As part of ramping up for GIR, we were broken into small groups of three and did mock 15-minute lessons for each other with a topic of our choosing. I talked about data types because that’s going to be my first technical lecture next Tuesday! We did this exercise twice, once yesterday just within GIR and again today with a faculty and GIR PMs.
I was pretty happy that I didn’t have to prep too much aside from making the lecture slides which I did a long time ago and basically just pulled from past GIR instructors, and it was really fun to teach. Yesterday’s session was really fun too because I really liked the teaching style and ideas of the other two GIRs for their topics. I realized I picked an easier topic to explain that didn’t really require coding along and exemplifying code, and I thought about changing topics for today’s mock lesson but didn’t end up doing so.
One of the GIRs from yesterday started with a blank slate and pretty much just wrote and drew things as he went along, incorporating coding too. He was really good, and he went with a method of proving why a mental model is correct over another one. The other GIR had slides and he also showed examples with code, and he was really good too. He was explaining about functions which is just hard to teach in general, and he started out by showing via code why we care about functions (don’t repeat code). In my functions lecture, I definitely say to not repeat code, but I don’t show what that means so I’ll probably borrow his idea. I just really enjoyed watching them explain concepts because it was different than what I originally planned on doing. It makes me want to sit in on different GIR lectures just to get ideas and see how people explain different concepts. It’s really fun!
For some reason, I didn’t feel like the GIRs I worked with today were as good as explaining. The first GIR didn’t really explain too well and the second GIR wasn’t interactive (he acknowledged this before he started though). I was surprised by the gap between yesterday’s GIRs and today’s GIRS, although the gap isn’t super drastic.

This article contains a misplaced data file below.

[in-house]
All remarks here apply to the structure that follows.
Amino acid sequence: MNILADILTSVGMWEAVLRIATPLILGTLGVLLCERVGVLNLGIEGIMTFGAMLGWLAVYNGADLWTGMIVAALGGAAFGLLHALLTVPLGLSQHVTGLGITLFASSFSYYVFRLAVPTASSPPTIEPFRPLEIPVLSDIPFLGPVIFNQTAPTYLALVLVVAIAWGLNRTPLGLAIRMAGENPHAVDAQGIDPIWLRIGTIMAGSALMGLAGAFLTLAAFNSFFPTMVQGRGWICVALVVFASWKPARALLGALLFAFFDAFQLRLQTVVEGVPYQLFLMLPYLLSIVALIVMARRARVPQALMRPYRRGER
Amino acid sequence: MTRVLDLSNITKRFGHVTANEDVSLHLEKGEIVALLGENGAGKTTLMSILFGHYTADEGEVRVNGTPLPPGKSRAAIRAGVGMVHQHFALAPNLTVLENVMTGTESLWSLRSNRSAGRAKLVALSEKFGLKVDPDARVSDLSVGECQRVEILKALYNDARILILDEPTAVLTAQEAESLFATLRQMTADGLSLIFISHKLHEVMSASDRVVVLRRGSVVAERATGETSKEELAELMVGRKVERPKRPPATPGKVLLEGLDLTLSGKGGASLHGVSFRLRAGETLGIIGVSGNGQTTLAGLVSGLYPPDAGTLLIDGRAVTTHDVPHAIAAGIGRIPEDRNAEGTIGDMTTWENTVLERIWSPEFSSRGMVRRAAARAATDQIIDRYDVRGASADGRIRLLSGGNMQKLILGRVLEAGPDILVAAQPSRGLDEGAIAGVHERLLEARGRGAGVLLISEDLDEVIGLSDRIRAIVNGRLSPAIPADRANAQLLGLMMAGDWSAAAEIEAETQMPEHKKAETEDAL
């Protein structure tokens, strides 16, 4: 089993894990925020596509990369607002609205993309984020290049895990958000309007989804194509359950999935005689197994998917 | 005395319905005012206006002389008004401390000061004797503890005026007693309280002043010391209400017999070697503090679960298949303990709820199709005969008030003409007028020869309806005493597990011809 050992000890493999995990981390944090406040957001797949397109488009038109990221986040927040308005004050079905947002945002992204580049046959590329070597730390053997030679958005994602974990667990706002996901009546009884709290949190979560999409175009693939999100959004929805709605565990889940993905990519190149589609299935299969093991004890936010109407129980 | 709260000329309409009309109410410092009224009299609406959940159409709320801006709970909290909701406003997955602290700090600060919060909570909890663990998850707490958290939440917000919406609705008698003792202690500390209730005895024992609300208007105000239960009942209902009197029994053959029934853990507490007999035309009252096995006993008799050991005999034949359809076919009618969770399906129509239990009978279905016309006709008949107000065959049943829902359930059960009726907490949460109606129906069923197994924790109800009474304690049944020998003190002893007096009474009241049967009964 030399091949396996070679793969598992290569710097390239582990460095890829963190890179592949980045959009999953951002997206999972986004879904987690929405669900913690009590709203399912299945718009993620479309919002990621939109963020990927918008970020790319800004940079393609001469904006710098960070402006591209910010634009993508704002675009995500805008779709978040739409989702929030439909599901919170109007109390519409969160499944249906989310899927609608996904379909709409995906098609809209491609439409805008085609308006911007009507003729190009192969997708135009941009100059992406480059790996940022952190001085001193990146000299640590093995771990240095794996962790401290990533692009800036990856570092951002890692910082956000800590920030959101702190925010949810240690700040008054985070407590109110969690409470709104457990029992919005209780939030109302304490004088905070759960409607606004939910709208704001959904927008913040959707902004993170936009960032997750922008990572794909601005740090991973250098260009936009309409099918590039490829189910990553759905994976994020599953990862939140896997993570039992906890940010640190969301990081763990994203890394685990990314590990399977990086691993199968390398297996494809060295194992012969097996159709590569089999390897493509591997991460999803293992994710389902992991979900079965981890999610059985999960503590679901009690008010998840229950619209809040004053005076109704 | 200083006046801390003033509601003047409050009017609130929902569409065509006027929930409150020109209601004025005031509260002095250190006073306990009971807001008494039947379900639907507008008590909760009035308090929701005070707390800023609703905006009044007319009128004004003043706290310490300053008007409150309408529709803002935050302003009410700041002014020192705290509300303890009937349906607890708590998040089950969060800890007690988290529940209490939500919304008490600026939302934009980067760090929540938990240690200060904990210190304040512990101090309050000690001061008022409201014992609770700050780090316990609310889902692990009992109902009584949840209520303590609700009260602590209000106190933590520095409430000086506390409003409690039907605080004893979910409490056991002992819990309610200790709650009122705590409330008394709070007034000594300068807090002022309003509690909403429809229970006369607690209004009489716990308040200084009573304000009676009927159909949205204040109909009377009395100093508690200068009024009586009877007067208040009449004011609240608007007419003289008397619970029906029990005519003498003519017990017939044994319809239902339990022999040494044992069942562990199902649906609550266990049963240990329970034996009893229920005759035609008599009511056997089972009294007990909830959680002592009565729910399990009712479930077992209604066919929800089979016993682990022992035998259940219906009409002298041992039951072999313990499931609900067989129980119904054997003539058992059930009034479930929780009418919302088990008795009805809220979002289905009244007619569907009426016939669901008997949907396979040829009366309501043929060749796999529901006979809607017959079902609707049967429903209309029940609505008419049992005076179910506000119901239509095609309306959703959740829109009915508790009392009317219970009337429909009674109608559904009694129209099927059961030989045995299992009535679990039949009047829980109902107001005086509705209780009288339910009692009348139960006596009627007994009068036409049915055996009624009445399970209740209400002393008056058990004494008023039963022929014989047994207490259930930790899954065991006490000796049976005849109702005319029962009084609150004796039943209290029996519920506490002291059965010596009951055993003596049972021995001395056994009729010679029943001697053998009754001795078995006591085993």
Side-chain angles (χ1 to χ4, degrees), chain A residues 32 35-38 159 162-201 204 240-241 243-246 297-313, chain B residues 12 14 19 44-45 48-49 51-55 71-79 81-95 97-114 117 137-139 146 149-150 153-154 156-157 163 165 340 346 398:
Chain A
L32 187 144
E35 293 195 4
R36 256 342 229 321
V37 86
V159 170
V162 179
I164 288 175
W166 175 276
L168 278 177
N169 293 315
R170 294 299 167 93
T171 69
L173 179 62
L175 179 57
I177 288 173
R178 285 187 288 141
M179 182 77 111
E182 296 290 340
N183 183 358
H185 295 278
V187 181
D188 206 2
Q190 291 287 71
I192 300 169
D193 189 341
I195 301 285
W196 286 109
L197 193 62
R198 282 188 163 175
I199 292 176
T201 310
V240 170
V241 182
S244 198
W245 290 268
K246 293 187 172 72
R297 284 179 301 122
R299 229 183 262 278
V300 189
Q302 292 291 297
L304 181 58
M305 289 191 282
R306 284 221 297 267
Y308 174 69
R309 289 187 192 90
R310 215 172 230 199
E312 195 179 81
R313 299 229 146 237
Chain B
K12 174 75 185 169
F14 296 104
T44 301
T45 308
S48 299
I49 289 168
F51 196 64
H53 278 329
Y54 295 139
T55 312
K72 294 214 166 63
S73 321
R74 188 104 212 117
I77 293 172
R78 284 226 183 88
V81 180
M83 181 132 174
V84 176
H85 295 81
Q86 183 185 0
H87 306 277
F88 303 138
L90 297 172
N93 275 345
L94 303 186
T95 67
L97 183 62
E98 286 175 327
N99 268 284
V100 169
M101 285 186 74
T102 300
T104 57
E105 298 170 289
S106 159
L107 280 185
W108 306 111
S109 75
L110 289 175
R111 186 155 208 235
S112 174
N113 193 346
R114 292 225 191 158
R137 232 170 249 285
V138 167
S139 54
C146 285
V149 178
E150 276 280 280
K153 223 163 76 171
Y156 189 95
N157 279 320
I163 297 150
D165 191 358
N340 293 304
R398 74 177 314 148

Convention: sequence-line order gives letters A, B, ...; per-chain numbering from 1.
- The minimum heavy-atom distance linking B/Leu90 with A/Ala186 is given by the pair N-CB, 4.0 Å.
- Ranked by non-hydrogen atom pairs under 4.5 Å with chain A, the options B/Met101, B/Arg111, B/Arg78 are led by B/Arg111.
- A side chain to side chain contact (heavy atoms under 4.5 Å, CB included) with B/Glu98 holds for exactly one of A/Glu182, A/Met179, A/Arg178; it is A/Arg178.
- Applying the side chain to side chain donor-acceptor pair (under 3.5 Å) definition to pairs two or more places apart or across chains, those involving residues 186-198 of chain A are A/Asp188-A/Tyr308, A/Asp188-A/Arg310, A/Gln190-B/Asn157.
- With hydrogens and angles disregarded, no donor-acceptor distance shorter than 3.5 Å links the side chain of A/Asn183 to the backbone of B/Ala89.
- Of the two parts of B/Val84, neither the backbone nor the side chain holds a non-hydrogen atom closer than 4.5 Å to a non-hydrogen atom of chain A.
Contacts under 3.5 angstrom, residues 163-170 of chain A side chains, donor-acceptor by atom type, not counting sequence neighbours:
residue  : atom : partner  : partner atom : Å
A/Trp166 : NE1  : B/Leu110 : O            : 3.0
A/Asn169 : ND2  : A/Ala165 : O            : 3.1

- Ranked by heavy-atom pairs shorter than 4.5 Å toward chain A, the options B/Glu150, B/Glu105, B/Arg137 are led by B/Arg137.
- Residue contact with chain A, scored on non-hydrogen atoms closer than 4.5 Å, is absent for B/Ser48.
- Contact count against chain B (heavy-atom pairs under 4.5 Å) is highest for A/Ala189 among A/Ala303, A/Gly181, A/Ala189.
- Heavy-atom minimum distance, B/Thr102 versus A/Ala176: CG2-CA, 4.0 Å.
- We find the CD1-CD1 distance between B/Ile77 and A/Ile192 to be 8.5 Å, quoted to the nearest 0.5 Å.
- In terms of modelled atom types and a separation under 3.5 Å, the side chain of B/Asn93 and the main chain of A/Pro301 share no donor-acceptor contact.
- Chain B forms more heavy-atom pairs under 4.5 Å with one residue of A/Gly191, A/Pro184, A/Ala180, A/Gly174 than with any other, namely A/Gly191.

For my mock lesson, I start off my saying what our objectives are (learn about what data types are, why they’re important, and some examples of each), and then I make an analogy between learning a spoken language and learning a programming language, looping in data types. I pretty much repeat myself over two slides to solidify what data types are, because somewhere along the line, I picked up the notion that I have to keep repeating myself to get information to sink in. I also remember that back in junior high, I thought my Spanish teacher repeated things a lot of times but at the same time, it sunk in well. I think the book we read for GIR also said to do this. In any case, I then go into explanations and examples of integers and floats, making the distinction between values and data types as well. Afterward, I talk about why we care about the distinction between integers and floats, and then we do a practice activity where students vote on what data type they think an example is. I do this on Discord via a bot I found that helps with polling, and the poll doesn’t show how many students voted for each one. After I close each poll question though, I can see who voted for each one, and my plan is if most people got it right, I’ll call on someone who got it right to explain why it’s right. If there’s a split amongst some answers, I’ll call on a student from each answer to explain why they voted the way they voted. I do that for four practice problems, and for the other four, I’ll just cold call. After integers and floats, I explain strings and booleans with examples and do the practice again with just strings and booleans, and then I have a final practice slide with all four data types. Plenty of practice! Then, I talk about why knowing data types is important. Finally, I wrap up with a conclusion of what data types are, why they’re important, and a brief overview of each data type again.
In general, my feedback was good. Everyone really liked my slides because they were concise and not too wordy as I personally did not enjoy reading a bunch of words on slides back in college and even nowadays. They also looked good in general, hooray for being a front-end developer! The only technical feedback I got was to show why strings can be surrounded by single or double quotes, which I hadn’t thought about. The non-technical / classroom feedback that I got yesterday was to do practice after explaining what integers and floats are, again after strings and booleans, and then once for all of them. For yesterday’s, I basically went through all of the data types before doing practice for all of them, but I think this way, it solidifies the information more and theres’ more interaction as well. Another feedback I got was to ask “What questions do you have?” rather than “Does anyone have any questions?” because the former invites questions and normalizes. Once she gave me this feedback, I immediately remembered that our SPS PM always phrased the question the former way. I really want to remember that.
So that was really fun, it’s great!